How dumb can you get?  If it works from a marketing standpoint (apart from rankings) then do it.  If not, why would you?  google's check would be that the e-commerce site wants to make money -- self preservation is a very strong emotion.  Done right, penalties would rarely be necessary.  google would have to want to work with e-commerce sites to establish rules that allow the e-commerce site to market itself but, it wouldn't be that hard.
 
E-commerce sites drive traffic and that traffic clicks on PPC Ads, Google Content Network Ads, etc., etc.  What more do they want?  Does every business have to operate their primary business and learn the publishing business too?
 
This isn't rocket surgery.  C'mon google.......


Edited by chuckfinley, 18 March 2013 - 04:22 AM.


#16 clandestino

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Posted 16 March 2013 - 11:33 PM

Not so!  Had I not witnessed it with my own eyes i would not have believed it either. When I visited the Googleplex, Marissa Mayer was still head of their user interface design dept.  They've put in more time studying user behavior than most anyone.  Even if it applied to their web properties and app's, as a whole Google is tapped into findabitlity, searchability, searcher behavior and much more.

 

I just read an article that talked about how Marissa Mayer is UX driven.  She tests everything.  If you spend some time on Yahoo! you'll see a lot of changes going on.

 

I believe in UX and A/B testing. 

 

We did an A/B test on one product for a client.  Actually, I added it to a bundle as a teaser.  His conversion increased 84% over approx a 4 month period.

 

When I called him to show him that, we drilled down on what that meant.  What was a conversion, on average, worth to him?  To make a long story short, the net present value of the additional revenues over 5 years at 5% interest was $103,000.  He paid me $7,500.  That makes his ROI - 13,700%

 

My next question was - "I wonder if it would be worth it to do this with your other products too?"

 

His answer - "All of them and is there a way you can do this even faster because I have two more sites for you to get to."

 

To get people interested in UX, you first have to get them to see the value in it.  My example above is one of many ways to do that.  Every situation is different and a different approach may be necessary as a result.

 

The one thing that doesn't change is --  they have to see value in it first, before they will buy.

 

The next step was to let him know that looking out for his interests, it would not be fair of me to redesign his site one product at at time.  I suggested we redesign his site with conversion in mind and then start A/B testing (this has the added advantage that it will be a lot easier to create the A/B tests).  That's what he did and that's why I did the re-design I was talking about in the previous post.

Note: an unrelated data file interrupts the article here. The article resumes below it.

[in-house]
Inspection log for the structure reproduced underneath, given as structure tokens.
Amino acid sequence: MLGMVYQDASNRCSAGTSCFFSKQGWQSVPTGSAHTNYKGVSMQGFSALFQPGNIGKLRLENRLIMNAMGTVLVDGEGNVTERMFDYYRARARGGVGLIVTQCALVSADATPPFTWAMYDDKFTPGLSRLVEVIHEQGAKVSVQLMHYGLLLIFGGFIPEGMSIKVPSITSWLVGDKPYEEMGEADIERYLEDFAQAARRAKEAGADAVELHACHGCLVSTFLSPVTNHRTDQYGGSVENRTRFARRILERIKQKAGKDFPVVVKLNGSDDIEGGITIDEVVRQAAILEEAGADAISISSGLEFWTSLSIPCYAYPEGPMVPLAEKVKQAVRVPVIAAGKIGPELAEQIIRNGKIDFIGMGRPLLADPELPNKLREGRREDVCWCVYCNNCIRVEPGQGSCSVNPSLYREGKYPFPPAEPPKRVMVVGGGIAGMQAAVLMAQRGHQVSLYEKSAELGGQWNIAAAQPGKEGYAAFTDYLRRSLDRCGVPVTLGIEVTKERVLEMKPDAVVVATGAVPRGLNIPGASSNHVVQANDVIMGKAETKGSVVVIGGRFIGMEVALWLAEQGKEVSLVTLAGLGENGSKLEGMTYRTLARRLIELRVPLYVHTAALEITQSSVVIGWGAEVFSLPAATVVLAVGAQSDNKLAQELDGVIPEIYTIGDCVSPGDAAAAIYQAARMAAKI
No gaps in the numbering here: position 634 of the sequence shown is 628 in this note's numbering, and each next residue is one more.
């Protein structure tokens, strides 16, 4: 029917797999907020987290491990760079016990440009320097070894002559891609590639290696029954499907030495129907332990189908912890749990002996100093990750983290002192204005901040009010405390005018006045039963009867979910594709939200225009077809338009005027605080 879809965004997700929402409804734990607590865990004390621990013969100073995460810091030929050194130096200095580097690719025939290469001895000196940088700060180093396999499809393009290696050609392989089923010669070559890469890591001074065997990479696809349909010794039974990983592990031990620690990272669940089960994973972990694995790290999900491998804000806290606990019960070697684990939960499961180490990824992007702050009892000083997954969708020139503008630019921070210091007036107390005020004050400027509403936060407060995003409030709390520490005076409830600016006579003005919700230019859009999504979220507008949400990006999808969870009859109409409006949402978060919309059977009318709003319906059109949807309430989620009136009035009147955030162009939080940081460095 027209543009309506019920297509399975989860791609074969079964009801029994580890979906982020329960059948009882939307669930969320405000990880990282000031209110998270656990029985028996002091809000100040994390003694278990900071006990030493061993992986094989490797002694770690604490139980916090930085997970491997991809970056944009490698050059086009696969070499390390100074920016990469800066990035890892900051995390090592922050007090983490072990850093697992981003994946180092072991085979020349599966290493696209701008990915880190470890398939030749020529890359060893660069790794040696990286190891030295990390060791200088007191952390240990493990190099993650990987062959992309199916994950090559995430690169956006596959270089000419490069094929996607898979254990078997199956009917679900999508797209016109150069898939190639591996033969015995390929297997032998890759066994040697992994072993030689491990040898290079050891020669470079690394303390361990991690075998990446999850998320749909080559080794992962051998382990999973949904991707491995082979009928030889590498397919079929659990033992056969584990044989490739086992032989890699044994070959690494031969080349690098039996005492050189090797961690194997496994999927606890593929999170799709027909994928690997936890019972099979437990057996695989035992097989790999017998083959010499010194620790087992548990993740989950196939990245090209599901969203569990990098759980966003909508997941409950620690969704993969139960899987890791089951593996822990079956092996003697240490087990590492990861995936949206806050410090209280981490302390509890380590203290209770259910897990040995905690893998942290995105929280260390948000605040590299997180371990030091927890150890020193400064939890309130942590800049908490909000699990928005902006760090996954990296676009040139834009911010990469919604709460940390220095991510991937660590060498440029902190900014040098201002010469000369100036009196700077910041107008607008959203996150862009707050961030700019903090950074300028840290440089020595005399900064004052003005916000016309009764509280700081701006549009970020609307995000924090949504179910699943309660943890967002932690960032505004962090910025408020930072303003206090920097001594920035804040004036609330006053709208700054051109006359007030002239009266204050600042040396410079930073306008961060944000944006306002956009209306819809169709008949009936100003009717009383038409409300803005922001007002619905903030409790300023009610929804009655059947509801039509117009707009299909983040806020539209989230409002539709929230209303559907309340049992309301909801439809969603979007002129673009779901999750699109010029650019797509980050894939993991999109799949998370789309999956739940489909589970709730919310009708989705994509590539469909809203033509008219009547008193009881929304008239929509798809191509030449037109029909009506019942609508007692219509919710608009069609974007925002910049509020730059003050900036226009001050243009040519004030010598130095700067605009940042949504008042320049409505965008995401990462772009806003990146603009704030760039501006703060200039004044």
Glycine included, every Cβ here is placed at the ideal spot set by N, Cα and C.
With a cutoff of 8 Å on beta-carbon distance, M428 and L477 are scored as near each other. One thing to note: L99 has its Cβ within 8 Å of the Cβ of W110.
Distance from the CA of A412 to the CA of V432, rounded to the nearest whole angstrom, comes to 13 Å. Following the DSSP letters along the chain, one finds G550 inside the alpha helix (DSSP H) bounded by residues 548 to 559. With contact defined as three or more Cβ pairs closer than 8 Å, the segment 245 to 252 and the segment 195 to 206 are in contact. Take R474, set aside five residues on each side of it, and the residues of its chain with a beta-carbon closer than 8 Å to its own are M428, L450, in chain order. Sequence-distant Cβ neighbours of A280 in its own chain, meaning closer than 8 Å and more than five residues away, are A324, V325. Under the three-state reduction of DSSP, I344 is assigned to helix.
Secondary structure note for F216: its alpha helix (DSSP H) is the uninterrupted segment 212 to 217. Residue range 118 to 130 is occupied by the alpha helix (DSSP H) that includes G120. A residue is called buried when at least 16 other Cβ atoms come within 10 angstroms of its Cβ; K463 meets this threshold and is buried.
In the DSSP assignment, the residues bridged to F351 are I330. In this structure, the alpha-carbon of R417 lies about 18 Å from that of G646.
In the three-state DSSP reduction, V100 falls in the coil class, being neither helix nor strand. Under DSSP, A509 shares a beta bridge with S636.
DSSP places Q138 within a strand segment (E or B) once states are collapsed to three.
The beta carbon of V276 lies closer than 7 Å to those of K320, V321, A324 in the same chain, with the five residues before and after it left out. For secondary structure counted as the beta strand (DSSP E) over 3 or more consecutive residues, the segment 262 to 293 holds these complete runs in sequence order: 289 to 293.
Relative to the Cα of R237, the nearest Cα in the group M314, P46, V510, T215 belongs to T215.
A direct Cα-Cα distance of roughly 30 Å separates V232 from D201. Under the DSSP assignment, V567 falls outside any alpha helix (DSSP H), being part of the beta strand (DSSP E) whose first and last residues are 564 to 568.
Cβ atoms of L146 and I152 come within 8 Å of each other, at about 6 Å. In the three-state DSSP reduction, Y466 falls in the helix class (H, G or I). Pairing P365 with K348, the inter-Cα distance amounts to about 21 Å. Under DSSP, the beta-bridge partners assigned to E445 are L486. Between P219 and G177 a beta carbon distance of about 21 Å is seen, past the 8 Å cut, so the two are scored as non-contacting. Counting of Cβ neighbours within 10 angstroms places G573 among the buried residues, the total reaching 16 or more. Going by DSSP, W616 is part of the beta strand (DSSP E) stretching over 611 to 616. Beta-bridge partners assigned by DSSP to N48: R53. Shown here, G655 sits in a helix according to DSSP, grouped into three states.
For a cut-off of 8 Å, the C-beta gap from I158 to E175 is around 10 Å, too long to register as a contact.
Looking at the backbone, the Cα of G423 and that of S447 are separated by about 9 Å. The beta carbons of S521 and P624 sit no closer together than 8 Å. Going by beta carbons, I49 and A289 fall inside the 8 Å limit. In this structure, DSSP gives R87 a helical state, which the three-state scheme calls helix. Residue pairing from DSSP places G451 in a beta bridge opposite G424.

Once the new site is up, he'll pay me a fixed monthly fee and I'll add a new A/B test each month.  We'll keep going until we're done.  This will go on for quite some time.

 

Sales is so integral to all business that it's almost impossible to suceed without a solid knowledge of the principles.

 

It used to blow me away in my early business consulting days how many people started a business and hated sales and didn't want to have anything to do with it.  I'm reminded of the book The E Myth  by Michael Gerber.  The point of the book is most people go into business for all the wrong reasons.  Usually it's to do what they love and then they find themselves doing everything but what they love (like sales) or, they go out of business.

 

Sales means you have to understand what the customer is dealing with.  You must understand their problems, in their terms.  If you do, they will literally come across the table at you to hear what you have to say.  Much like the example I gave above.

 

I've been in business for 25 years.  I know the problems business owners are dealing with.  And, I know how to talk to them about it in a way that will get a postive emotional response.  Without the emotion, they'll never act.  You will have great success if you can peel away the layers to find the real concerns that will lead you to the reasons that they will act, today!

 

Then, you just have to explain it to them in a way that they can understand.


Edited by chuckfinley, 17 March 2013 - 12:38 AM.


#17 bobbb

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Posted 17 March 2013 - 11:51 AM

If you spend some time on Yahoo! you'll see a lot of changes going on

This is true and I have noticed. I do root for them.